Our treacherous food stamp president | Bleader

Our treacherous food stamp president


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With primary season under way, I worried that the participants in last night's debate in South Carolina might stoop to some old-fashioned demagoguery in their appeal to Republican voters. That would have seemed especially egregious on Martin Luther King Jr. Day.

A demagogue, Merriam-Webster says, makes use of popular prejudices in his pursuit of power.

My fears were unwarranted. The five remaining candidates have too much character to pander, no matter how much they crave the Republican nomination.

But they won't shy away from their duty to disclose a few nightmarish truths about President Obama. And, as usual, Newt Gingrich bravely led the way.

"It tells you everything you need to know about the difference between Barack Obama and the five of us, that we actually think work is good," Newt Gingrich said, to loud applause in the Myrtle Beach Convention Center. "And we think unconditional efforts by the best food stamp president in American history to maximize dependency is terrible for the future of this country." More hearty applause.

It's important to know, as we choose a president this year, that the current one disapproves of work.

"Food stamp president" must be polling well for the former speaker, as he's been using it increasingly lately. Not that polls matter to Gingrich, who has made it clear he's not one of those political types.

The industrious Gingrich got much of his wealth the old-fashioned way: he consulted for it. After he left Congress he soon began consulting for Freddie Mac, the government-sponsored mortgage corporation. Consulting in Washington is a real grind for former congressmen, as it requires them to allow the entity they're consulting for to throw their name around. Gingrich has said that he actually worked about an hour a month for Freddie Mac, for which his consulting firm was paid $25,000 to $30,000, monthly, for years. Nice work if you can get it—some of those bums being coddled by the food stamp president might be willing to part with their stamps for that.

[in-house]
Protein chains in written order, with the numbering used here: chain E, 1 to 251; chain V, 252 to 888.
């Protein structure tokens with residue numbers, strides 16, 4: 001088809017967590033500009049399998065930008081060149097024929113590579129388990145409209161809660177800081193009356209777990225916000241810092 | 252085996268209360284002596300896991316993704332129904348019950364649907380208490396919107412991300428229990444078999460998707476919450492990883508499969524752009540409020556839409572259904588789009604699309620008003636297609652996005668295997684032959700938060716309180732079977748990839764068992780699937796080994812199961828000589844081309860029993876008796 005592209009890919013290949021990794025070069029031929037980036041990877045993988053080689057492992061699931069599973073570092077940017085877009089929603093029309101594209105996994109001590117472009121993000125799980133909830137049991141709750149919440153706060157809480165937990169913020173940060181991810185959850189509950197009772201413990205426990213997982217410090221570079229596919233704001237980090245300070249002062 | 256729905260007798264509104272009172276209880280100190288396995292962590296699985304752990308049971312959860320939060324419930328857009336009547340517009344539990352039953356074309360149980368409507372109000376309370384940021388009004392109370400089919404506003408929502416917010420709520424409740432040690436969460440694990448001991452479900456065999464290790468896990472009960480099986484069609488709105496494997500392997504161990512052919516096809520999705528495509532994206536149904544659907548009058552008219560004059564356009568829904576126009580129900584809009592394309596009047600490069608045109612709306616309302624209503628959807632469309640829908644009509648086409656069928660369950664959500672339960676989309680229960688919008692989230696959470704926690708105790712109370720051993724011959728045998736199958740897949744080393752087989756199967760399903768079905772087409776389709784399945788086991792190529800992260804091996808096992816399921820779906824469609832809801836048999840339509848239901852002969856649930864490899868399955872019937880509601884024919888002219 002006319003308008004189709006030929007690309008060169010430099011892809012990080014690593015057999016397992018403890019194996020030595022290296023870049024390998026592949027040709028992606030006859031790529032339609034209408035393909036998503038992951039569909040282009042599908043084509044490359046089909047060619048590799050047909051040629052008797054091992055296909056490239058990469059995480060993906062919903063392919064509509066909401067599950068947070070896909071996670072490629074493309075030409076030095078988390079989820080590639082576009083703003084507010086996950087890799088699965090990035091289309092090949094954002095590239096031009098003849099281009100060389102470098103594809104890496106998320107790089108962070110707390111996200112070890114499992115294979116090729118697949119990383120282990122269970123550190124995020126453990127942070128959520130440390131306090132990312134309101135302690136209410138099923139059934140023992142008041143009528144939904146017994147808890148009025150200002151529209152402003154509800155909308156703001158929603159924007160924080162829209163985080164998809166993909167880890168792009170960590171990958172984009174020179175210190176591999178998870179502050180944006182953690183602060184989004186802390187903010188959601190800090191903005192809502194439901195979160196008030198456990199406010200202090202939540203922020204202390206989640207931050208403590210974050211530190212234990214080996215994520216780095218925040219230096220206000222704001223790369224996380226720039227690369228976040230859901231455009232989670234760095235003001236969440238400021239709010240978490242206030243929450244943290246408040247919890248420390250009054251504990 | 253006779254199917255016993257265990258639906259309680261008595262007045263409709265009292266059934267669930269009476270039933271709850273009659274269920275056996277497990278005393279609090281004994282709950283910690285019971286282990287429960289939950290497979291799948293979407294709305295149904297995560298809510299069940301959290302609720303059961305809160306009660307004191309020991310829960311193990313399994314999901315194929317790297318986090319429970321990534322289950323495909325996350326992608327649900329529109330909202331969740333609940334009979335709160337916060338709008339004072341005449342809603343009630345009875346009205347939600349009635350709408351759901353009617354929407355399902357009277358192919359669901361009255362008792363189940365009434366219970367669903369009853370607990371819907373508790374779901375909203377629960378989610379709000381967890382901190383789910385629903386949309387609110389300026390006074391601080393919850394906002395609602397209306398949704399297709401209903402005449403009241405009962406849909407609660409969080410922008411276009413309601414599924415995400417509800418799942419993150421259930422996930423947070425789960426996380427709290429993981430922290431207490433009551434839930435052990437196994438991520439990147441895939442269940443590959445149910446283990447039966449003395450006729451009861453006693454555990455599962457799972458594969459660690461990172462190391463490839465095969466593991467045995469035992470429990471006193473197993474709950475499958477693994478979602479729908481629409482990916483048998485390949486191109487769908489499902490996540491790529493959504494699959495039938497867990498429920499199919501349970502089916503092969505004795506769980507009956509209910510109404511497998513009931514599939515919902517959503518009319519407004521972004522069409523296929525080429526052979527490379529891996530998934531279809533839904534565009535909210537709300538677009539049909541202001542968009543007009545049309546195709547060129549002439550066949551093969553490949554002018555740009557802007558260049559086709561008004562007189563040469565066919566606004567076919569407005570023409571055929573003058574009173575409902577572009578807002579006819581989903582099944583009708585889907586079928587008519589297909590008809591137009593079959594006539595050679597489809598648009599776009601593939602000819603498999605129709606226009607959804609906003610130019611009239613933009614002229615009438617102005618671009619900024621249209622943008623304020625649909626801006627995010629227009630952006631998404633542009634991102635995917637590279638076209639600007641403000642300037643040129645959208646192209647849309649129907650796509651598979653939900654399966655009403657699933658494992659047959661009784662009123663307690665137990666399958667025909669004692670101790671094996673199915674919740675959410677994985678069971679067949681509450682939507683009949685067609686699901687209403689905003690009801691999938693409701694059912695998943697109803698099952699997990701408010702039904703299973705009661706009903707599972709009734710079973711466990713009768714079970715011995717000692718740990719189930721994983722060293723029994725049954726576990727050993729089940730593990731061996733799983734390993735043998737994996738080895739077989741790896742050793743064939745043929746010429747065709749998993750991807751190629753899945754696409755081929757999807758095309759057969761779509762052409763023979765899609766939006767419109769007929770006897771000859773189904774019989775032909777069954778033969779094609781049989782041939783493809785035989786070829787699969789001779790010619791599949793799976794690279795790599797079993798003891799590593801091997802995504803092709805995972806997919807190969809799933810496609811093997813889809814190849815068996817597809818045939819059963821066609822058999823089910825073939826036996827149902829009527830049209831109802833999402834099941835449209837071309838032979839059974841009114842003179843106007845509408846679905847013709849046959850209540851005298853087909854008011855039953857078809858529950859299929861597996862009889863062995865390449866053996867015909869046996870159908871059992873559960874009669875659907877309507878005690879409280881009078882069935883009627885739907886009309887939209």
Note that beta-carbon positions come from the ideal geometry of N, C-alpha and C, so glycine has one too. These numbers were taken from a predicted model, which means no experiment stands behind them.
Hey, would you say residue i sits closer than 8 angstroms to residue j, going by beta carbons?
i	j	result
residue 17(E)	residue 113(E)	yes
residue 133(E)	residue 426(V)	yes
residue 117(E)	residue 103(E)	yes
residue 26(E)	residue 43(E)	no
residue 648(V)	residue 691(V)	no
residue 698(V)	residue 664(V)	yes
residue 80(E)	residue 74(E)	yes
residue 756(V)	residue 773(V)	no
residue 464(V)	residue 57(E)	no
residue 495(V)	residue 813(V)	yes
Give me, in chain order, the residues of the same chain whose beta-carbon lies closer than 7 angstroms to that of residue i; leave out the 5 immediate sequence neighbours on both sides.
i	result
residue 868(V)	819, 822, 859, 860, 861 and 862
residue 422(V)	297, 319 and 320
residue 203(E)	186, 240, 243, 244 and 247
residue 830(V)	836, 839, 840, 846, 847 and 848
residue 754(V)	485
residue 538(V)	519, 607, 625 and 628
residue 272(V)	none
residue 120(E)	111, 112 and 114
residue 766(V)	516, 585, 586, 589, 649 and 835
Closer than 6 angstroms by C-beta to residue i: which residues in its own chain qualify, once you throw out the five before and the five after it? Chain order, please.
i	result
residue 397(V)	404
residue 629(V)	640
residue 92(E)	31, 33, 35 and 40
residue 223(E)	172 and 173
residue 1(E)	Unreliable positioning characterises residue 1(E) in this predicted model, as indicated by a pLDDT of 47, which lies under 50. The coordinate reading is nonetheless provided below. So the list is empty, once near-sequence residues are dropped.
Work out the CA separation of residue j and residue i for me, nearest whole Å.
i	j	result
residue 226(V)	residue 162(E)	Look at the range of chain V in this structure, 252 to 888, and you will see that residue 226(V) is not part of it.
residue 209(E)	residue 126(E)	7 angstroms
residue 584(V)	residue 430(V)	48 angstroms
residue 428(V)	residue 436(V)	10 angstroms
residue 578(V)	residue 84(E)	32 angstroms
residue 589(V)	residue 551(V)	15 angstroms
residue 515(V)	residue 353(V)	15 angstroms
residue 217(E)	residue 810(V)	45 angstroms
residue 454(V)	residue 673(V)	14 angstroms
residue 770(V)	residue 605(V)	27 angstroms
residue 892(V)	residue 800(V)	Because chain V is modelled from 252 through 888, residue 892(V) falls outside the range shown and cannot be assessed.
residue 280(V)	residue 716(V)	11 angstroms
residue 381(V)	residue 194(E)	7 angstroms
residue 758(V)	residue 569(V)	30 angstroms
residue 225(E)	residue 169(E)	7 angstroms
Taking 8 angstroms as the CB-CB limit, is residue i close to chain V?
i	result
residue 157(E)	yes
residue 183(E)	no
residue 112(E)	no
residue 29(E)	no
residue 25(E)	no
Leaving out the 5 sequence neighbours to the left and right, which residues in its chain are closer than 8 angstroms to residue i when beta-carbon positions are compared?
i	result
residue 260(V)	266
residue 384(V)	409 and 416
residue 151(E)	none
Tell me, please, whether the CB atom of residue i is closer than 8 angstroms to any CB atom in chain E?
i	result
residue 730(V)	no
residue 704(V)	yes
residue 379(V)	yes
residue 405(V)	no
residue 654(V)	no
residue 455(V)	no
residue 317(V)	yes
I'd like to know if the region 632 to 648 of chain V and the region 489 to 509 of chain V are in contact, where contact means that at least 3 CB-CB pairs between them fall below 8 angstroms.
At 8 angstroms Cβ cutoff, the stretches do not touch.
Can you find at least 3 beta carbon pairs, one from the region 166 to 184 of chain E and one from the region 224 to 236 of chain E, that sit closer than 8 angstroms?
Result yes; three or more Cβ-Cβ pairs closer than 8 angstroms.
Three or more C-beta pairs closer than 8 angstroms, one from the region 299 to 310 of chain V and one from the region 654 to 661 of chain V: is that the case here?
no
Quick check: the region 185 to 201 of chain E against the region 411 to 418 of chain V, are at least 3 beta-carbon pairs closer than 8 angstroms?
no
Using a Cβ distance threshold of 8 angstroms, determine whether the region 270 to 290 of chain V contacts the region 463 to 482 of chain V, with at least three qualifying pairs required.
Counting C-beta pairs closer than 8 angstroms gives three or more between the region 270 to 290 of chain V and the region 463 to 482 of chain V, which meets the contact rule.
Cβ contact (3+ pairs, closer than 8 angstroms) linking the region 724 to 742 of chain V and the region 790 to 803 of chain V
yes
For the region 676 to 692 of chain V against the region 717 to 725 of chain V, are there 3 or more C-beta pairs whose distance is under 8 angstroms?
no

Gingrich sparred briefly last night with one of the debate panelists, Juan Williams—Fox News's leading black political analyst—on the "food stamp president" line. The crowd booed Williams and loudly supported Gingrich. Today, the lead feature on Gingrich's campaign website is "Video: Newt Gingrich Schools Juan Williams: Americans Want Paychecks, Not Food Stamps".

South Carolina has a large proportion of military families—and Texas governor Rick Perry revealed to them Obama's disloyalty to the military. "What bothers me more than anything...is this administration's disdain all too often for our men and women in uniform," Perry told the crowd. His evidence? Obama's defense secretary, Leon Panetta, had called the urinating of four Marines on the corpses of Taliban fighters "despicable," which Perry considered far too harsh. "These young men made a mistake," he said.

The front-runner in the race, former Massachusetts governor Mitt Romney, reminded the audience that he's always opposed gay marriage, and that he also opposes violent felons ever being able to vote, even after they've done their time. He warned that Obama "is drawing us into becoming more like a European social welfare state. I think he wants us to become an entitlement society." Romney said he was running "to make sure that we don't transform America into something we don't recognize."

Like the kind of nation Dr. King dreamed of?

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